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A study of quasars: an investigation into the molecular gas of a high-redshift quasar and the radio loudness of radio-quiet quasars

Student thesis: Doctoral Thesis

This thesis is composed of two parts; the first part deals with observations of the molecular gas towards an unlensed, obscured quasar AMS12, and the second part investigates radio undetected, optically selected quasi-stellar objects (QSOs) to determine the nature of the radio flux density distributions of these objects. AMS12 is an unlensed, obscured, z = 2.767 quasar which we observed with the Plateau de Bure Interferometer to detect carbon monoxide rotational transitions and atomic carbon fine structure lines in the molecular gas. We present new detections of the CO(5-4), CO(7-6), [CI]( ³P₁- ³P₀) and [CI](³P₂− ³P₁) molecular and atomic line transitions in this thesis. AMS12 is the first unlensed, high redshift source to have both atomic carbon ([CI]) transitions detected. The highly excited molecular gas probed by CO(3-2), (5-4) and (7-6), is modelled with large velocity gradient models. The gas kinetic temperature TG, density n(H₂), and the characteristic size r₀, are determined using the dust temperature from the far-infrared spectral energy distribution which had the following best-fitting parameters log₁₀[LFIR/L☉] = 13.5, dust temperature TD = 88 K and emissivity index β=0.6, as a prior for the gas temperature. The best fitting parameters are TG = 89.6 K, n(H₂) = 10 3.9 cm⁻³ and r₀ = 0.8 kpc. The ratio of the [CI] lines gives a [CI] excitation temperature of 43 ± 10 K, indicating the [CI] and the high-excitation CO are not in thermal equilibrium. The [CI] excitation temperature is below that of the dust temperature and the gas kinetic temperature of the high excitation CO, perhaps because [CI] lies at a larger radius where there may also be a large reservoir of CO at a cooler temperature, which may be detectable through the CO(1-0). Using the [CI]( ³P₁− ³P₀) line we can estimate the strength of the CO(1-0) line and hence the gas mass. This suggests that a significant fraction (~30%) of the molecular gas is missed from the high-excitation line analysis, giving a gas mass higher than that inferred from the assumption that the high-excitation gas is a good tracer of the low-excitation gas. The stellar mass was estimated from the mid-/near-infrared spectral energy distribution to be M* ~ 3 × 10¹¹M☉. The Eddington limited black hole mass is found from the bolometric luminosity to be M• ≳ 1.5×10⁹M☉. These give a black hole - bulge mass ratio of M•/M* ≳ 0.005. This is in agreement with studies on the evolution of the M•/M* relationship at high redshifts, which find a departure from the local value ~ 0.002. In the second half of the thesis we investigate the possible existence of a lower envelope in the radio luminosity versus optical luminosity plane. We select a population of QSOs from the Sloan Digital Sky Survey photometric quasar catalogue from Richards et al. The QSOs are within a narrow redshift band 0.3 < zphot < 0.5 and cross-matched with the 1.4 GHz National Radio Astronomy Observatory Very Large Array Sky Survey. The radio images extracted from the positions of the optical QSOs are retained if the flux integrated over the beam size of the radio survey is less than 3σIrms ≤ 1.35 mJy. The radio-undectected QSO population is split into eight samples depending on their optical magnitudes and stacked to determine the mean flux in each sample. The stacked mean flux is detected in all but the faintest optical magnitude sample. The radio versus optical luminosity relation from the stacked samples hint at a lower envelope in the radio luminosity which may be interpreted as there being a minimum radio jet power for a given accretion rate. Stacking assumes the underlying distribution of the property being measured is fairly represented by the stacked result. We investigate the underlying distribution of the radio flux density from the QSOs taking the noise of the sample into account. We find the distribution of the QSO flux density is modelled by a power-law with a negative index in all eight optical magnitude samples. This implies the mean stacked result is not a good representation of the distribution of the flux density of the QSOs and that there is no lower envelope. This highlights the danger of interpreting results from stacking without verifying the distribution is characterised by the mean stacked value. We appear to recover the quasar optical luminosity function when we model the distribution of radio loudness parameters suggesting that, since we are essentially holding the radio flux density fixed, the radio loudness is a function of the optical luminosity. This suggest that the radio loudness is not a fundamental property of the QSO but rather the ratio of two independent properties, the radio and optical luminosities. We convert the radio loudness parameter to jet efficiencies and find a minimum jet efficiency of ηmin = 4 × 10⁻⁴. We find there is no sign of a minimum jet efficiency as far as our data’s sensitivity limit allows, so we expect η<ηmin. Hence we provide an observational constraint for theoretical models of jet production in the minimum jet efficiency.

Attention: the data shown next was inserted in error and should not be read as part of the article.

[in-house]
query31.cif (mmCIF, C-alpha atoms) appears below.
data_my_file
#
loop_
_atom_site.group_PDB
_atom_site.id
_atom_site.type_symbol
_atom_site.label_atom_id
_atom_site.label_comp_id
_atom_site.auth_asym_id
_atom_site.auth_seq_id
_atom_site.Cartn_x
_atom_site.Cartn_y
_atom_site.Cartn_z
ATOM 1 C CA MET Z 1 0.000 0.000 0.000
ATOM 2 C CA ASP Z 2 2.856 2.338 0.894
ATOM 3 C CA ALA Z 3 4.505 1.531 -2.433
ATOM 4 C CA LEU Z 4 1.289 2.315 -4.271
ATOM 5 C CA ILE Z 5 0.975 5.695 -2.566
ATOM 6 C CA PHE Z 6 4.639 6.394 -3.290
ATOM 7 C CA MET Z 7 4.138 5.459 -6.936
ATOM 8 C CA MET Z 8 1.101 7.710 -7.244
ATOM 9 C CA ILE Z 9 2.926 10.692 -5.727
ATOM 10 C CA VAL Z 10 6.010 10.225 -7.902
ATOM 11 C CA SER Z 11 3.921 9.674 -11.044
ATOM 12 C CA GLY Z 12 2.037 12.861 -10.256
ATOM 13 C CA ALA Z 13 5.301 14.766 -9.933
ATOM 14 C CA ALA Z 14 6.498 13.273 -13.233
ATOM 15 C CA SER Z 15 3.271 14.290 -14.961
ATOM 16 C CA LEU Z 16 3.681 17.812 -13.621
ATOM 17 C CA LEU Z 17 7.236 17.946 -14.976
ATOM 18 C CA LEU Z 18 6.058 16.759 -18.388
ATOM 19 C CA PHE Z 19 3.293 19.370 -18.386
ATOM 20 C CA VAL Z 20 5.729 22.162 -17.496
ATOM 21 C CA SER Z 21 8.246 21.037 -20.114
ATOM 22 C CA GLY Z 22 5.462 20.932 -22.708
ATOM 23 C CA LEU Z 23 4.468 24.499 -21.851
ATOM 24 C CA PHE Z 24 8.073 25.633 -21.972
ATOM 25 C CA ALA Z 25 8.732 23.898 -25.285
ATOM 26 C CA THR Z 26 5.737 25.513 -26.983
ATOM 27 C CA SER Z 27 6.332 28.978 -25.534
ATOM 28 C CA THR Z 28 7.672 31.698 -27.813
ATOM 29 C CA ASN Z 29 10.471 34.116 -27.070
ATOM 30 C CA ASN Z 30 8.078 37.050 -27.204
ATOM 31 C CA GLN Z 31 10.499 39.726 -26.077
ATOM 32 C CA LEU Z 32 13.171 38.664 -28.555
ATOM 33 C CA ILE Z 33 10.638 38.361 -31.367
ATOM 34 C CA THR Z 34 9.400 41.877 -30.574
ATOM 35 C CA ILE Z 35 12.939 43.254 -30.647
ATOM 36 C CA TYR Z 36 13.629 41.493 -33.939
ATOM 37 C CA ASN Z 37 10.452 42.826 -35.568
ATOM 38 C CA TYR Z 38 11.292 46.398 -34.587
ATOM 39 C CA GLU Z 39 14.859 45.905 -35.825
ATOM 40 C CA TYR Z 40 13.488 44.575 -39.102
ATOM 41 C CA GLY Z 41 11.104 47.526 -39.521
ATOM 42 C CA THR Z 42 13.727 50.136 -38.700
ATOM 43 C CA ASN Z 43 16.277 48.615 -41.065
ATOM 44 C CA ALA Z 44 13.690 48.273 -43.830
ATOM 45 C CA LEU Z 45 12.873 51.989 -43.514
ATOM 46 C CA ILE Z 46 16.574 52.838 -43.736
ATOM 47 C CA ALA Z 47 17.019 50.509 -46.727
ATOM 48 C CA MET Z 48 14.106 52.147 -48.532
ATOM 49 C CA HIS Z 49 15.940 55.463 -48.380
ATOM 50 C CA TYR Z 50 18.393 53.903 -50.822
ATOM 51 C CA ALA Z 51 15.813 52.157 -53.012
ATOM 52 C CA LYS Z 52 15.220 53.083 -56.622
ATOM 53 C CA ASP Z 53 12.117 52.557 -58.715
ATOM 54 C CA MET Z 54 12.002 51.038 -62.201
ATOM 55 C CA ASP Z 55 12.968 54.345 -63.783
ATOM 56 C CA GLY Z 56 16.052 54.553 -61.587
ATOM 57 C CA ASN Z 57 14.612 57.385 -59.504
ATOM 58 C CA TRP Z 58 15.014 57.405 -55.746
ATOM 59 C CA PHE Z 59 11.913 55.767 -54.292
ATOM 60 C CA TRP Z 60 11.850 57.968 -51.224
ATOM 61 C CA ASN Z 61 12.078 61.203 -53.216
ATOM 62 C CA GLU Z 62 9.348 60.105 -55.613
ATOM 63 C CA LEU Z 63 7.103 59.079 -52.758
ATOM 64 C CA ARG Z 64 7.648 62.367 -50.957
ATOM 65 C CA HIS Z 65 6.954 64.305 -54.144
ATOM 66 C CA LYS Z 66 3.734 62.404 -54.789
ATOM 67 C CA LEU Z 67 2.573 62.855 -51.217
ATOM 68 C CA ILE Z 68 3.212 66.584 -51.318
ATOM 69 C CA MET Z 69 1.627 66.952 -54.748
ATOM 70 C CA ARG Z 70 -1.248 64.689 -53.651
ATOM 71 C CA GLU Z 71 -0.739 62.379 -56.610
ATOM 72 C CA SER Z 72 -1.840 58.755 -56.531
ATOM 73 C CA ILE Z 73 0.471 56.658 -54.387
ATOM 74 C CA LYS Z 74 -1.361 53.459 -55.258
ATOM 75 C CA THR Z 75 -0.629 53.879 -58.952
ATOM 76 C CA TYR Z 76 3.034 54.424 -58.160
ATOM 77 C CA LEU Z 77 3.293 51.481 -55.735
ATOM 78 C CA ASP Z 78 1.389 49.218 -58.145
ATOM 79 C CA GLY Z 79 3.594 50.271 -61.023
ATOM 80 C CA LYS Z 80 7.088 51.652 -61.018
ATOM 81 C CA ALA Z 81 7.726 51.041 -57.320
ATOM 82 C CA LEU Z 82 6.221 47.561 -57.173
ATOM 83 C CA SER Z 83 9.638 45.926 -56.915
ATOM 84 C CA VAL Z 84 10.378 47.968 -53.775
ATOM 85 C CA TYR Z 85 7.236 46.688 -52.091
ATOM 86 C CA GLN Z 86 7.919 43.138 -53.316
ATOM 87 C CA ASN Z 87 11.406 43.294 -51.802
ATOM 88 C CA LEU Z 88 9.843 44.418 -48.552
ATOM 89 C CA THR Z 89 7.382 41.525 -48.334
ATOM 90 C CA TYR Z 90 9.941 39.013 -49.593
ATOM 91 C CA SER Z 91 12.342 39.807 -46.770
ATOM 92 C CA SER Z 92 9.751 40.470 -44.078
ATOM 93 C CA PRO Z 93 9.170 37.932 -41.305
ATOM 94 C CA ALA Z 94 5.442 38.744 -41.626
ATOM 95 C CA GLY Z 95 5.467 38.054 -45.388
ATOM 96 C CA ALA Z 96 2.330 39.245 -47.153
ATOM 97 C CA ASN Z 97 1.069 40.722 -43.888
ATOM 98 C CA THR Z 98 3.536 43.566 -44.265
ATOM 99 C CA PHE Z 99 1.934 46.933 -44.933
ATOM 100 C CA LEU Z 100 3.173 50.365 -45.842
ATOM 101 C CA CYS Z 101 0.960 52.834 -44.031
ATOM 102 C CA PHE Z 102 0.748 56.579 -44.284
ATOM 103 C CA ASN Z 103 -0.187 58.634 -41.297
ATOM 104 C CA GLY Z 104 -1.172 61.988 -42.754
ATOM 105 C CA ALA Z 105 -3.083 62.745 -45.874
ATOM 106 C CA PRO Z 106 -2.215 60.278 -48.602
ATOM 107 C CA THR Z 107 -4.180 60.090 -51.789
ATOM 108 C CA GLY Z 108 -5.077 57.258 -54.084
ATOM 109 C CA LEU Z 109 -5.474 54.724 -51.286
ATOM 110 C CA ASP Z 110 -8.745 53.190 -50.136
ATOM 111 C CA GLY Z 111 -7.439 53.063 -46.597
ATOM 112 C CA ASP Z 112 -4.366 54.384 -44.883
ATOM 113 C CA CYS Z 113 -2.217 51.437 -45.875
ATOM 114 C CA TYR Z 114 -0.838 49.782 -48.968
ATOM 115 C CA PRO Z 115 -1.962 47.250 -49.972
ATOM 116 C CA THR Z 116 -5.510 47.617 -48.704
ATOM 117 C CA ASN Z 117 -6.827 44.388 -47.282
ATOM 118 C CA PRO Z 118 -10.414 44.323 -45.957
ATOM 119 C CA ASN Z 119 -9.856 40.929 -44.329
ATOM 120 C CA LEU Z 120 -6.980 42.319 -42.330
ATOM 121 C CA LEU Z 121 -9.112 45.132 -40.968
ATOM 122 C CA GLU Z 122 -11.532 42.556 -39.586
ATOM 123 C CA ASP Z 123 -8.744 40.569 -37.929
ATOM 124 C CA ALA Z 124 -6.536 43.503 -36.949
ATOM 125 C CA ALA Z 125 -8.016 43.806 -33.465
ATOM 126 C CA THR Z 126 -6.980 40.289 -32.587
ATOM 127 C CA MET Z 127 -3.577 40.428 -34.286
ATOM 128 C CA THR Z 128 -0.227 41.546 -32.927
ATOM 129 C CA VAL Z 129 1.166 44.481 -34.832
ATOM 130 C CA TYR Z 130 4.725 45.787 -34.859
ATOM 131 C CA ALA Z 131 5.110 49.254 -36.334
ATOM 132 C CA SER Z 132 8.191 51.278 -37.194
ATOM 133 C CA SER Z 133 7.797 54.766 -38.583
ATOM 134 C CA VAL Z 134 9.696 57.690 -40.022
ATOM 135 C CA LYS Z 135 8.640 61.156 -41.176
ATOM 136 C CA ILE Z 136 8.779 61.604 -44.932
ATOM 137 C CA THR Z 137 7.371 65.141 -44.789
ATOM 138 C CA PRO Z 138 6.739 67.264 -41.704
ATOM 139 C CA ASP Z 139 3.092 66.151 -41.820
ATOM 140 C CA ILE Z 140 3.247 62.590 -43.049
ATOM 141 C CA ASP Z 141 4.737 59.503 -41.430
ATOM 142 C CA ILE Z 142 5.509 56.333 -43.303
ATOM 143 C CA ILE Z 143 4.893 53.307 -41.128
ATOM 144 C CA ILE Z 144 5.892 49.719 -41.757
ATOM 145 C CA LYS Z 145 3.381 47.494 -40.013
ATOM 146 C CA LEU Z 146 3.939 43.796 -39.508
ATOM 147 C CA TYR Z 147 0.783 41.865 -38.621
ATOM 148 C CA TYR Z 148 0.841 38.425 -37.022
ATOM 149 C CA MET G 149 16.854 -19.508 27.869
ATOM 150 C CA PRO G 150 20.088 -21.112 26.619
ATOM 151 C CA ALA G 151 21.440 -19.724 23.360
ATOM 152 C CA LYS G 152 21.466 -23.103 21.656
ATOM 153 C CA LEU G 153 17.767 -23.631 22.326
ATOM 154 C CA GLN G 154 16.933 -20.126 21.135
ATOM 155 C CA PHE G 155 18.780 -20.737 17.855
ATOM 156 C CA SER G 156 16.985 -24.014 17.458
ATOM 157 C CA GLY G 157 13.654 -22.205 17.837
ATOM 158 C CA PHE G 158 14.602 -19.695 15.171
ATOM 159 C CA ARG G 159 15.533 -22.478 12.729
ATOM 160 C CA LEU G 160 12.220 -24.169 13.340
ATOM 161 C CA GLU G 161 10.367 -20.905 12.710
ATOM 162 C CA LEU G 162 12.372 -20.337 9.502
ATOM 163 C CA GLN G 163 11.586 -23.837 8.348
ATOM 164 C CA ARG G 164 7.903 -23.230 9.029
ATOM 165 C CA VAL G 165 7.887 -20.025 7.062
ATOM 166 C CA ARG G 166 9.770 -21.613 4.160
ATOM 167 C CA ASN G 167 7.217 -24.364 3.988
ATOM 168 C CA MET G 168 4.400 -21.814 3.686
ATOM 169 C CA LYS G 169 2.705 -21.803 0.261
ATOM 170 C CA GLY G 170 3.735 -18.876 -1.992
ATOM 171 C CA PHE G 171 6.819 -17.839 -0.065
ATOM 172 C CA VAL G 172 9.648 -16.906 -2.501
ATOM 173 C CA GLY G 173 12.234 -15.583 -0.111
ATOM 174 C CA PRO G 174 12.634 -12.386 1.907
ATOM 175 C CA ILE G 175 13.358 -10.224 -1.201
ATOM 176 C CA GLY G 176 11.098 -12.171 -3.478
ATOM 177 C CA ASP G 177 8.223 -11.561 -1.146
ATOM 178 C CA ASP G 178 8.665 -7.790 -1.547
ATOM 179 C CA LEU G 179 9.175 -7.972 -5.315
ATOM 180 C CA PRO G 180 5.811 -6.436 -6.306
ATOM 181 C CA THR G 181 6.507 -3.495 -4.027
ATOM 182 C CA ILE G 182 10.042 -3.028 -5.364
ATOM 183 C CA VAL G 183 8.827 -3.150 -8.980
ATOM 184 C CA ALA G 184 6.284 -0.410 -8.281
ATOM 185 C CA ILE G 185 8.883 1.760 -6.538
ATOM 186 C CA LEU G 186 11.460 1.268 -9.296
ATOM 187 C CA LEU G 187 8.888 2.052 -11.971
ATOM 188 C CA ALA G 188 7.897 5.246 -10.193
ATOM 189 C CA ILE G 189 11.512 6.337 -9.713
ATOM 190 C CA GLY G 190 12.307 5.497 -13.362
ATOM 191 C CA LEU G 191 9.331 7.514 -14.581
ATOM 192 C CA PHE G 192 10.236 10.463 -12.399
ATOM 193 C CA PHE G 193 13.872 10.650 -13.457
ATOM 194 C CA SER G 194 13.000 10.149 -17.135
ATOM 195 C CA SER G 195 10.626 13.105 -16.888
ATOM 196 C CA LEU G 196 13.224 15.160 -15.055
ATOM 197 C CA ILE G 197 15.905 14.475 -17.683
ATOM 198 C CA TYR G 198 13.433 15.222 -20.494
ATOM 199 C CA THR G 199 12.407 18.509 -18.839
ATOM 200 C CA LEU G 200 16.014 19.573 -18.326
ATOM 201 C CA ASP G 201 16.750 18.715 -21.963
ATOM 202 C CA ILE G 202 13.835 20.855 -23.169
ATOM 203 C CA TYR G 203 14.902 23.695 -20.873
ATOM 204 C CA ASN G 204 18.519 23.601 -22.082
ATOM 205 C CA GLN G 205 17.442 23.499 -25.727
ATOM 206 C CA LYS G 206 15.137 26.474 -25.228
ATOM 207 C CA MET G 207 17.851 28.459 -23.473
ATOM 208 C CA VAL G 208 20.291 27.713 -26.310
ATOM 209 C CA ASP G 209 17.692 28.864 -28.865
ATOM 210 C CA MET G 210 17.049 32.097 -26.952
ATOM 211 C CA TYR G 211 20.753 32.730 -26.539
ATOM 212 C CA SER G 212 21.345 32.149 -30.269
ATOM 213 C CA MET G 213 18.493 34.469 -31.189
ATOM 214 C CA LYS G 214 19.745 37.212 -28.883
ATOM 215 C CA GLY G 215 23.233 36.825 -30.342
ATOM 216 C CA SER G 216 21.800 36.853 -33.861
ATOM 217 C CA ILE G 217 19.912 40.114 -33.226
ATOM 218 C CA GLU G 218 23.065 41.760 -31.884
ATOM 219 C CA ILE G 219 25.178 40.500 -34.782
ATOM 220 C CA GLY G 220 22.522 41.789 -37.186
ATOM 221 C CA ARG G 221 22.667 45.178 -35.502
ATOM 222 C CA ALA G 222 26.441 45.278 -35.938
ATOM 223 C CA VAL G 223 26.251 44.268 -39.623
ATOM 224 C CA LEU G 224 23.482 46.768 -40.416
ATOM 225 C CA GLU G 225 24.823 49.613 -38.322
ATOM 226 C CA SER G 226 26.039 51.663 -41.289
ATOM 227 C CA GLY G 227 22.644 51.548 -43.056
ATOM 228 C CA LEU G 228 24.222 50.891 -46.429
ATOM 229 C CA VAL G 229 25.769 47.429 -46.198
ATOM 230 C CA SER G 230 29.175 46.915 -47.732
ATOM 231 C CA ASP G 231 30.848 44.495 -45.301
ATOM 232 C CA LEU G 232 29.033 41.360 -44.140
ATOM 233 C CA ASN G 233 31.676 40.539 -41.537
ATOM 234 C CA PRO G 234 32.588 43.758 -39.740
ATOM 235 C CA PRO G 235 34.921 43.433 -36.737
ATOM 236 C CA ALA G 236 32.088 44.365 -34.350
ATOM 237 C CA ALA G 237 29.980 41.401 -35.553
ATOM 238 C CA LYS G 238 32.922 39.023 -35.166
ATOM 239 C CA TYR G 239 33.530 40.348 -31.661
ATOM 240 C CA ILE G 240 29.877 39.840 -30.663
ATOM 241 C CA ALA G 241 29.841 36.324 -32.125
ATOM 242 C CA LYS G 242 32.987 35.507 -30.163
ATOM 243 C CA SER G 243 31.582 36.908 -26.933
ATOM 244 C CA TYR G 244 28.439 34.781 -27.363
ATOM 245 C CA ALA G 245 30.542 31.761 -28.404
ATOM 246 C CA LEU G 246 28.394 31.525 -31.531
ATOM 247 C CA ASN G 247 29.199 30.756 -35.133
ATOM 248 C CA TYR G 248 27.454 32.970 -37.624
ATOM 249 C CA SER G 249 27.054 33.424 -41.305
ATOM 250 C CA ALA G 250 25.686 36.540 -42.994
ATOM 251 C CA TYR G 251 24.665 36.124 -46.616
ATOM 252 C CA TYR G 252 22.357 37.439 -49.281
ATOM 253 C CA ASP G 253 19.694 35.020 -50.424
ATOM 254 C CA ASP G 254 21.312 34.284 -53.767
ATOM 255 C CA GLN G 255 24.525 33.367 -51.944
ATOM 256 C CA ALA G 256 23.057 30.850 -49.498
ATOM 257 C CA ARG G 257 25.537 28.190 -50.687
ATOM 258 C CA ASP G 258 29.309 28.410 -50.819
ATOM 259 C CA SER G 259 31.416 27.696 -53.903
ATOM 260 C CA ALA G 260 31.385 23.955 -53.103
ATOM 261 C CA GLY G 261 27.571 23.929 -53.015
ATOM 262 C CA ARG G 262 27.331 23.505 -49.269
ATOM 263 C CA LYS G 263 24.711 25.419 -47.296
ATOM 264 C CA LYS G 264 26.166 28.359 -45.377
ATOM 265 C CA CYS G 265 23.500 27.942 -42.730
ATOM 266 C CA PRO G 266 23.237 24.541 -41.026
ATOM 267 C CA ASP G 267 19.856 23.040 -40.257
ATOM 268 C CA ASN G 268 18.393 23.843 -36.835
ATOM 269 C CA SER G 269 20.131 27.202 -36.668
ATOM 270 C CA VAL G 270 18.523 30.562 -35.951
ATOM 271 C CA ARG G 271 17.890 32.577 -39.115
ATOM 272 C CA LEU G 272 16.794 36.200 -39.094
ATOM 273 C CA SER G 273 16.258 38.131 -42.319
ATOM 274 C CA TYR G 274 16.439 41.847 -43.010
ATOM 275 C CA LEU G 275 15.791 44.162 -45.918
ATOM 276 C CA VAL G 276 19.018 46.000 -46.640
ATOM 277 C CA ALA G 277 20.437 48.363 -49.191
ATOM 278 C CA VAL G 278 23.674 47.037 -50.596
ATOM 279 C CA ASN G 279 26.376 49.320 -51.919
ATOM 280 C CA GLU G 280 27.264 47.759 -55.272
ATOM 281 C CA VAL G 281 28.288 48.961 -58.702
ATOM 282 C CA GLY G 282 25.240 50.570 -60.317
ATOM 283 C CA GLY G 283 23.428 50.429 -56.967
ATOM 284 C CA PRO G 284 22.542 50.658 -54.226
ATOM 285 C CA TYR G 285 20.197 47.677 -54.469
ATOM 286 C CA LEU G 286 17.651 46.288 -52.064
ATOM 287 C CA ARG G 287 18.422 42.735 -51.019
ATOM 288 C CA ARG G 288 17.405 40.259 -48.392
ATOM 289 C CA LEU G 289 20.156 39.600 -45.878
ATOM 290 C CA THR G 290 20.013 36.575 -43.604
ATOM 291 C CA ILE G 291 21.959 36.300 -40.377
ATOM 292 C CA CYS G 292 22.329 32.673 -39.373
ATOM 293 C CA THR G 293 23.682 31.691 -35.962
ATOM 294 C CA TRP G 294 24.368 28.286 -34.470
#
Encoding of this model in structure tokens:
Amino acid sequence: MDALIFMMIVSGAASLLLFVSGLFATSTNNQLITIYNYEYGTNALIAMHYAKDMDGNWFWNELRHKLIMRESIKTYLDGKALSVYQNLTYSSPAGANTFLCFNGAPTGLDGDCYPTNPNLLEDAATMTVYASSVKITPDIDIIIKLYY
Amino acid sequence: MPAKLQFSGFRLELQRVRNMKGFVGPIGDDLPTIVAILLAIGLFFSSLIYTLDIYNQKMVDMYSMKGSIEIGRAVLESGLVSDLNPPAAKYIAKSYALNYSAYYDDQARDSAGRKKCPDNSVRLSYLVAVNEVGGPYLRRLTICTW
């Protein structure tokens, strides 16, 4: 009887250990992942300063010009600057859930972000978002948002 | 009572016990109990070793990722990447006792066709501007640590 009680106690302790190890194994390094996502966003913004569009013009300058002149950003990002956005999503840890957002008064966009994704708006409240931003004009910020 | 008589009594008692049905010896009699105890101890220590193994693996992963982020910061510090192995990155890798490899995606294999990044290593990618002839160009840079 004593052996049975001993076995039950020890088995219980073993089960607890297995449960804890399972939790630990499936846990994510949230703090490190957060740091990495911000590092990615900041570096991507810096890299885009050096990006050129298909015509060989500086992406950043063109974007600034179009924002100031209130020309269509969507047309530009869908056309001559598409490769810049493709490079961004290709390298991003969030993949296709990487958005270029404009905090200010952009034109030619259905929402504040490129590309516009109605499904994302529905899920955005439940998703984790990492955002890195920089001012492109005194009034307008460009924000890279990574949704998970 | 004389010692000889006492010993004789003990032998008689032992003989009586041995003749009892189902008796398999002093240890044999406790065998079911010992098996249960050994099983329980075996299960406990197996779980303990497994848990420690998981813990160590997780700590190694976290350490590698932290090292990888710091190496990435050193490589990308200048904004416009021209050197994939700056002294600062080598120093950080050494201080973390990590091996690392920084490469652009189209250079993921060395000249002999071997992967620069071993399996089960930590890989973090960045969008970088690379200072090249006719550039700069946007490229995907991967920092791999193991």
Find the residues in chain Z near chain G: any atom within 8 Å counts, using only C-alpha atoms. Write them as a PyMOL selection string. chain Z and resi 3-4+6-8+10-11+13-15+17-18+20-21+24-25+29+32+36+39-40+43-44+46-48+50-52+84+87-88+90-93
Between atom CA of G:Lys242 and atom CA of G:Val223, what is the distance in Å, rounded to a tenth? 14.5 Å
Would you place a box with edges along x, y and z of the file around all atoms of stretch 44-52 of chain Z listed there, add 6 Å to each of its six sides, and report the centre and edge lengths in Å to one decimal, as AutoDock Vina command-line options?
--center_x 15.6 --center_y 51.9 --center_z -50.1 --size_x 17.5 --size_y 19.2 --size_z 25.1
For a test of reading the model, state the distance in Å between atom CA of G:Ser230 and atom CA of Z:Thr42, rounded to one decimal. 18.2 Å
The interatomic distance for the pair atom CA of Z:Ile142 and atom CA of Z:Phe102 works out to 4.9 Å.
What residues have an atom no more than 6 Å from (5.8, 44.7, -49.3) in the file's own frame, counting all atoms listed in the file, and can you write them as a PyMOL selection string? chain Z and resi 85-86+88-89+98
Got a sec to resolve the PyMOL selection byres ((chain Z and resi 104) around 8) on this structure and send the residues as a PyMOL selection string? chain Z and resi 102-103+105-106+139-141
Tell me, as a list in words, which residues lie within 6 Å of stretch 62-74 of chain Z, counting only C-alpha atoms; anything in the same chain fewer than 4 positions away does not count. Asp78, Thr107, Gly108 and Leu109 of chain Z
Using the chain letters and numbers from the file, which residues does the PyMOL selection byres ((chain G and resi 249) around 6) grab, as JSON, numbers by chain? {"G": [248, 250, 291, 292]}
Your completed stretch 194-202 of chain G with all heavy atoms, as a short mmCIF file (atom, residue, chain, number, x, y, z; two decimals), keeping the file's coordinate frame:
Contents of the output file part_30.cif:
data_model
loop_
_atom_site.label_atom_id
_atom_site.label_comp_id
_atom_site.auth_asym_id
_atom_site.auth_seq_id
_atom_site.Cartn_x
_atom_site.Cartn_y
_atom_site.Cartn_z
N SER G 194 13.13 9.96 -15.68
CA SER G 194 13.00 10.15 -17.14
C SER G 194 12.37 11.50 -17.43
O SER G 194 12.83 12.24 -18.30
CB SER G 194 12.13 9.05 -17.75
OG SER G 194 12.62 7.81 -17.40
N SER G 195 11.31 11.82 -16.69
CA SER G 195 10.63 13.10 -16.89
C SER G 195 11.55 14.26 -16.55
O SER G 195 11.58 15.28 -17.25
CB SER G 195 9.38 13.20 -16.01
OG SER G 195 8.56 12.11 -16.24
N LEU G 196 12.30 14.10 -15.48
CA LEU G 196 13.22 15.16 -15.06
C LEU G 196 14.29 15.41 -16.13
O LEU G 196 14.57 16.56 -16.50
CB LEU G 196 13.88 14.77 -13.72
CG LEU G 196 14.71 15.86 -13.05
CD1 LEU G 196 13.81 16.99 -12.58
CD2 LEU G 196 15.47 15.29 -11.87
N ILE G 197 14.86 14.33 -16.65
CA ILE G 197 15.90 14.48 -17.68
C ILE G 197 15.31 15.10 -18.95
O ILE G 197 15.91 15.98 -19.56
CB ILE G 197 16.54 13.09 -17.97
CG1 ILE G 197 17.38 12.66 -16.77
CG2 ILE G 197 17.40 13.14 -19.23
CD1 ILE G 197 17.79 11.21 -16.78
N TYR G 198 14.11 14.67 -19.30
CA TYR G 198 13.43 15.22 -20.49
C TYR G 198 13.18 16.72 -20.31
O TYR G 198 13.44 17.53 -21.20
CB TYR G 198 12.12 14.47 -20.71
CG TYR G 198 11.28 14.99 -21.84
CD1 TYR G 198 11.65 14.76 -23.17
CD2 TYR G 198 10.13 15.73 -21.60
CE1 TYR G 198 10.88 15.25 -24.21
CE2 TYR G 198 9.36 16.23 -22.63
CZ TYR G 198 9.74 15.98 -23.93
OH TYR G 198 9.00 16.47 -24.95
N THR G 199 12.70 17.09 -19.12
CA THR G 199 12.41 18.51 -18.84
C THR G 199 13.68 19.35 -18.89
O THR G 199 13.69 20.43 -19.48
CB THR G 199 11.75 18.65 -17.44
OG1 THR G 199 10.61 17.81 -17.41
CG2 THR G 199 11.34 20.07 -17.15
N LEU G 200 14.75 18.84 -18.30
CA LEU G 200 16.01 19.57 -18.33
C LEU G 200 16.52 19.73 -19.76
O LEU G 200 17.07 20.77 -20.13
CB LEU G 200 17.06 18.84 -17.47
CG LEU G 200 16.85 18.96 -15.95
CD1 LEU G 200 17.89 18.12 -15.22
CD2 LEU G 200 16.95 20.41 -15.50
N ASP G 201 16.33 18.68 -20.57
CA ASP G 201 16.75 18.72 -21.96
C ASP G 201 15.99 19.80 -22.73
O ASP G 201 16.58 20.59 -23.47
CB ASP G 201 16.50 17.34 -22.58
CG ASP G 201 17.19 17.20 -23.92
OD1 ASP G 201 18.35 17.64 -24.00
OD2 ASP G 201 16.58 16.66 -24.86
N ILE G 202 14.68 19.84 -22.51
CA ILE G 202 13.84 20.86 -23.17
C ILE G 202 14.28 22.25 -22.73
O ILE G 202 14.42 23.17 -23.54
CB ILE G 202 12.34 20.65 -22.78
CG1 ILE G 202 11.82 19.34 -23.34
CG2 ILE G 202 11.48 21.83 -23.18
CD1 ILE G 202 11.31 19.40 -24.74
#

Original languageEnglish
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Award dateApr 2013

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